Off the Couch

Thoughts about the therapeutic process, and the dynamics of client-therapist interactions.

After College: Finding the Job that's Right for You

Bleak picture for college grads may not be all bad.

We all know that college grads are “confronting the worst job market in decades,” as The New York Times’ Steven Greenhouse writes. There is no question that this is a distressing state of affairs. Yet I’m afraid I don’t see this in a totally negative light.

Although I acknowledge that it is painful for young people and their parents when dreams of a golden future are crushed; and even worse for families that spent money they could not afford on their child’s education, are part of the overwhelming numbers who now have to pay back student loans, or counted on these grads to help support parents and help pay for the education of younger siblings. And of course it’s painful for everyone when this generation returns home after four years of growing independence.

But could there be a positive side to this downside?

Ryan* is graduating from a top university this month. “But I can’t find a job…not even an internship,” he says. “What happened to ‘get into a good college and your future is made’? That’s what everybody said my whole life. What a load of crap.”

Ryan isn’t alone in his sentiments. On National Public Radio, college grads are saying exactly the same thing that I’m hearing in my office.

As I listen to Ryan and the young people on NPR, I wonder what parents and other adults can do to help them. And I find myself thinking about other college grads I have known in the past few years.

After a period of sometimes severe and lengthy disappointment, almost all of them moved along interesting and eventually rewarding paths toward goals that in many cases surprised them. Marty*, for example, who had majored in theater arts in college, could not find any kind of work – even waiting tables, like many other aspiring young actors, seemed to be an impossible dream. He did, however, find a job as an intern, with room and board, on a sustainable farm. To his surprise, he loved the grueling physical work; and he adored the farm’s owner, who was herself a young former math teacher. He also found himself becoming deeply involved in the sustainable community, working in his spare time with a local co-op that provided sustainable food to its members. Right now he is working full time managing the co-op. He thinks he may decide to go back to school to get a degree in urban planning and landscape architecture, to bring some of the ideas he has learned to an urban setting. But for the moment, he says, “I’m learning so much from this work that I can’t imagine I’ll ever find out in school.”

The psychoanalyst Heinz Kohut suggested that disappointment is a necessary part of healthy psychological development. The key, however, is that the disappointment be manageable, or “optimal.” Otherwise, we can be overwhelmed and paralyzed by the results of the disappointment. Parents, teachers and other adults can help by recognizing that dissatisfaction is not the same as failure. And that frustration and unhappiness can be triggers for creative problem-solving.

It is happening already. In a recent New York Times article, Hannah Seligson writes, “Two movements have sprouted to fight for this generation’s right to move out of the parental basement (or avoid it altogether): the Campaign for Young America and Fix Young America. In a way, they are the younger siblings of Occupy Wall Street, but with a nonpartisan agenda, more centralized leadership and one specific mission: to help young people find jobs.”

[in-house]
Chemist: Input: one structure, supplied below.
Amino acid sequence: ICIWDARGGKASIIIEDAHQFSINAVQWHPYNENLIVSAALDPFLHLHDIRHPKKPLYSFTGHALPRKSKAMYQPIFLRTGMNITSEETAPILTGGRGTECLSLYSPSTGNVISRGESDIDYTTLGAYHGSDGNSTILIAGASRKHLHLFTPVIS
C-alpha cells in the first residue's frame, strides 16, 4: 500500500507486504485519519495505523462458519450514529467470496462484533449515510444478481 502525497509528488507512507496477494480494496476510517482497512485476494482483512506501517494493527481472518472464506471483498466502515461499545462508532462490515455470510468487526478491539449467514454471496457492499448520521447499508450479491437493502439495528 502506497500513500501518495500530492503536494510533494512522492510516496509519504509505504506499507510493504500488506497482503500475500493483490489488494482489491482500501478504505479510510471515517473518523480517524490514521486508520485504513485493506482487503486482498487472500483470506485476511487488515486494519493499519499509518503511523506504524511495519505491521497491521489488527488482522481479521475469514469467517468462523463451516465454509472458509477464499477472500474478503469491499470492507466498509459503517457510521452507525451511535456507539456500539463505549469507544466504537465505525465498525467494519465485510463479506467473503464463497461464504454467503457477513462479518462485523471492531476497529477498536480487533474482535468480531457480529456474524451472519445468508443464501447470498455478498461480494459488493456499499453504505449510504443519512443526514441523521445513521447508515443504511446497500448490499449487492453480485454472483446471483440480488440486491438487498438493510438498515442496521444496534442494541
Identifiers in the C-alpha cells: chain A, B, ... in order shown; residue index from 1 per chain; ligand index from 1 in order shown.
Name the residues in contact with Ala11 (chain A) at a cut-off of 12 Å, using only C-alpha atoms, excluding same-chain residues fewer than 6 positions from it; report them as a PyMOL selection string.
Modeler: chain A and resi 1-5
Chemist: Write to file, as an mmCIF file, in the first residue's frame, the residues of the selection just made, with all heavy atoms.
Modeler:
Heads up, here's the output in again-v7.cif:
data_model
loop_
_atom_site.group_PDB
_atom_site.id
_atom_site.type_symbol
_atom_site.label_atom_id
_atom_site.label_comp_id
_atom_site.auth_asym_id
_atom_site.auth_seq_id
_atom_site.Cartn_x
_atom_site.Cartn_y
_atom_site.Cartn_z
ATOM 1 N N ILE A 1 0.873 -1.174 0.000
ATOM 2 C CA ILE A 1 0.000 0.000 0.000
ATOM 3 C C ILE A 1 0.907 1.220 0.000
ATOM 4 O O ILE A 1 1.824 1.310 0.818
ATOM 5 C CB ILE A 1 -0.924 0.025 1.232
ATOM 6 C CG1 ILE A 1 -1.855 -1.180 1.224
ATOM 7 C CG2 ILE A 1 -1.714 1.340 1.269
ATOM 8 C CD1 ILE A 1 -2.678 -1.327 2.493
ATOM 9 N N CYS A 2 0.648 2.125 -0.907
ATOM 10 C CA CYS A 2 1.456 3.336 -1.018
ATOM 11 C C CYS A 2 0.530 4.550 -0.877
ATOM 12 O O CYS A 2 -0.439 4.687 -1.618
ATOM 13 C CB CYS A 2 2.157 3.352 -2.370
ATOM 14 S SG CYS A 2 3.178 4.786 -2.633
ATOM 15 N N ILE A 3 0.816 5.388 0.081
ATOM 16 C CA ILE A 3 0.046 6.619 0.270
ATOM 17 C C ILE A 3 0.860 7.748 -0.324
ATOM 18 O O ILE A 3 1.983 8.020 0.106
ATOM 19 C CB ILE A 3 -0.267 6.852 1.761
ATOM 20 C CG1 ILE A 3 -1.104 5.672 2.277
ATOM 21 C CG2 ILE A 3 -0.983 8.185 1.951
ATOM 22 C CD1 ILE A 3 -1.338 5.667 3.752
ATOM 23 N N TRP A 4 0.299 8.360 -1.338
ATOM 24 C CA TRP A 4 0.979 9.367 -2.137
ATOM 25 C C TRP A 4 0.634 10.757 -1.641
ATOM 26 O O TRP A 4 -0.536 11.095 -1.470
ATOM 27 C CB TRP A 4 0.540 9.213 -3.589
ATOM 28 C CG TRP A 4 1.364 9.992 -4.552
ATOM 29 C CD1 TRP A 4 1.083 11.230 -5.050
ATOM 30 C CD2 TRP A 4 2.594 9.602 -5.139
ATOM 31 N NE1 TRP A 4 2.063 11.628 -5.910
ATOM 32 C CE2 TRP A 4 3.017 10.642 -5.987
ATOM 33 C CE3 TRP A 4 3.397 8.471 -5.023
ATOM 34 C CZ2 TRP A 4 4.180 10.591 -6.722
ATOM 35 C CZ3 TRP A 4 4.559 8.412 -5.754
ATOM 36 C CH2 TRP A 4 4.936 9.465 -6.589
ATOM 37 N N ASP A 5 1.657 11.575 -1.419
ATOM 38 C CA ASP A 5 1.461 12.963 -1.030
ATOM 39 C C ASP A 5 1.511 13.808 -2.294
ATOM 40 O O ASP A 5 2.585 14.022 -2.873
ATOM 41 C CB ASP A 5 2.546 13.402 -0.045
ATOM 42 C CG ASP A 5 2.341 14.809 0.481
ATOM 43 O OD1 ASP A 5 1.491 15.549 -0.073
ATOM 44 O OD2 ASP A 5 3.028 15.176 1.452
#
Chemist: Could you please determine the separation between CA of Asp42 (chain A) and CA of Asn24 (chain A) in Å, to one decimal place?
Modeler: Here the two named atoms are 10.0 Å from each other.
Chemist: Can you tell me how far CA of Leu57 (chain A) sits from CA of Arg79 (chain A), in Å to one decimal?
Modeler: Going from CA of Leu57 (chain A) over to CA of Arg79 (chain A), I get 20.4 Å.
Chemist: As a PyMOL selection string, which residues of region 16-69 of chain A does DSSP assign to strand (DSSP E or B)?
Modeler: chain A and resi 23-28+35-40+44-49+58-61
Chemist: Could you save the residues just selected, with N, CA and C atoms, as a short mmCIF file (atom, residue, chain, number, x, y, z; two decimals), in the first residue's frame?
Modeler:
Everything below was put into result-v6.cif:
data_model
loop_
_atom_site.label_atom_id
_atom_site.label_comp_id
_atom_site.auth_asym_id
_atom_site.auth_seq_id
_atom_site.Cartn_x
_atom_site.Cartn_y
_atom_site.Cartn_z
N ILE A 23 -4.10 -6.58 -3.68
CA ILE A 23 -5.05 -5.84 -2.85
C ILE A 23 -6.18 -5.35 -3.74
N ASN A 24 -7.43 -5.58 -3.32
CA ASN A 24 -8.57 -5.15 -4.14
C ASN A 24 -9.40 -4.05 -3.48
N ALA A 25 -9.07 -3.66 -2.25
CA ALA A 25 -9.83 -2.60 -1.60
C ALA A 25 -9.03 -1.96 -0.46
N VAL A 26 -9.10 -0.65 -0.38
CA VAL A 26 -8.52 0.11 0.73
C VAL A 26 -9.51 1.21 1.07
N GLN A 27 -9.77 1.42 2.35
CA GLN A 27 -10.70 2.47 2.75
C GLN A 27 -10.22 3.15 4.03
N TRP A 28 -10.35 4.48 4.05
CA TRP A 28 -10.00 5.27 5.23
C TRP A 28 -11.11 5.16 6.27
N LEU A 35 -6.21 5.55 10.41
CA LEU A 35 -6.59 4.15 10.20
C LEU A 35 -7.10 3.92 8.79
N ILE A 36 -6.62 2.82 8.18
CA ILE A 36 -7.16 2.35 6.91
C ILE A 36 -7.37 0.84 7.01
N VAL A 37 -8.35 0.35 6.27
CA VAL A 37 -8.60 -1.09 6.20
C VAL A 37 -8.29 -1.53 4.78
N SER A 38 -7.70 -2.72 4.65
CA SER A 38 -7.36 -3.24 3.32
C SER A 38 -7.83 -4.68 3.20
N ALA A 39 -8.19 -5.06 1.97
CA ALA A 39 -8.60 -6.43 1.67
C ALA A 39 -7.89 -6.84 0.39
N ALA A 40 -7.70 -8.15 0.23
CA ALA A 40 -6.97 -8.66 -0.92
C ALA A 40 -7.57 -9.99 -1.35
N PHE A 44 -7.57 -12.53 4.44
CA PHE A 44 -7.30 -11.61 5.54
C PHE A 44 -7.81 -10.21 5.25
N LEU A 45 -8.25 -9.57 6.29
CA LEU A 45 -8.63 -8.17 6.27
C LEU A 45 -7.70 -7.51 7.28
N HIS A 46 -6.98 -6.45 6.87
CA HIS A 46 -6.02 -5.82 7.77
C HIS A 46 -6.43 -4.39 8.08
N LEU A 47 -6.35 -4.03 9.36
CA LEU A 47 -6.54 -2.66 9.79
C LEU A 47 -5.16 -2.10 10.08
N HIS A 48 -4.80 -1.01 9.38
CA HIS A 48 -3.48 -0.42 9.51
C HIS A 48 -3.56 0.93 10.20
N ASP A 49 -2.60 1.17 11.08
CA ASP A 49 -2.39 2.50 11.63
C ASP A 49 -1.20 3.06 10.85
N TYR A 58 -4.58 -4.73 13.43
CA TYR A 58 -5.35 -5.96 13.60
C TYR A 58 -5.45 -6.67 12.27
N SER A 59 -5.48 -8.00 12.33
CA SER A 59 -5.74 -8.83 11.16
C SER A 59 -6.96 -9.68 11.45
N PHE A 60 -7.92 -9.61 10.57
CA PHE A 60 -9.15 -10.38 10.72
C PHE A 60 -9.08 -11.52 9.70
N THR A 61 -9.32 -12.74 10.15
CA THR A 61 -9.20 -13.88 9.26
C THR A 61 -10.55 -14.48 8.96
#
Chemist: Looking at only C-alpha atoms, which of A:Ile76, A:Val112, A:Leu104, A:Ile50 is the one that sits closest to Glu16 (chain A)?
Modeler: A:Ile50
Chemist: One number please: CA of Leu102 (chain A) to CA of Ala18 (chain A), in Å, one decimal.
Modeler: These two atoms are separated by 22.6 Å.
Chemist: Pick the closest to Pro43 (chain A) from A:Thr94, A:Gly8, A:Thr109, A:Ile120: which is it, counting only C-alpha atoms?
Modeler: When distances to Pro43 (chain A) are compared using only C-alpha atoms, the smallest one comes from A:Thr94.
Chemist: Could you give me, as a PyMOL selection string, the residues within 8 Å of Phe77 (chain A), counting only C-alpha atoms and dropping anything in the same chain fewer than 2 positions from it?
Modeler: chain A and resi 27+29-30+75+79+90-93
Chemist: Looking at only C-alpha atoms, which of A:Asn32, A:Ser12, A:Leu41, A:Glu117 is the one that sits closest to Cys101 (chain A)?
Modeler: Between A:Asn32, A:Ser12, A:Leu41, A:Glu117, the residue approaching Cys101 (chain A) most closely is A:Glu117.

Joanna* was a brilliant writer who had won numerous awards for her writing and had been published in her college newspaper and literary journal throughout her undergraduate years. With the encouragement of a beloved writing teacher, she moved home to live with her parents while she worked as an intern at a local newspaper. “It was supposed to be an ‘in’ to the writing work I wanted to do,” she said. But what she actually did was clean out the refrigerator in the kitchen, run errands for the rest of the staff, and generally do work she found demeaning and hateful. “This is what I went to college for?” she demanded angrily.

Beneath the surface of her anger, Joanna, like many recent graduates, felt disappointed, betrayed, hurt and humiliated. Her parents wanted her to be happy, so they encouraged her to leave the internship. “But what else can I do?” she demanded. In fact, like many youngsters, Joanna began to do some creative problem-solving. Through conversations with one of the older staff members of the newspaper, she realized that she needed to be more proactive about asking for writing assignments. She offered to help some of the older staff deal with the internet and began ghost-writing some of their online material. Before long she was given a blog of her own, for which she was paid. After another six months, feeling that she was still not really respected as a member of the staff, she began looking for work with another online publication. Her work on the newspaper, it turned out, made her much more attractive to other publications, but the only job she was actually offered involved writing about something she knew nothing about and had no interest in – medical issues affecting the elderly. She took the job, in part because “there’s nothing else right now” and in part because she had learned “that you never know what might come out of a step like this.”

*names and identifying information changed to protect confidentiality and privacy

Image Source Page: http://jayschroeck.com/blog/?p=1208

F. Diane Barth, L.C.S.W., is a psychotherapist, teacher, and author in private practice in New York City.

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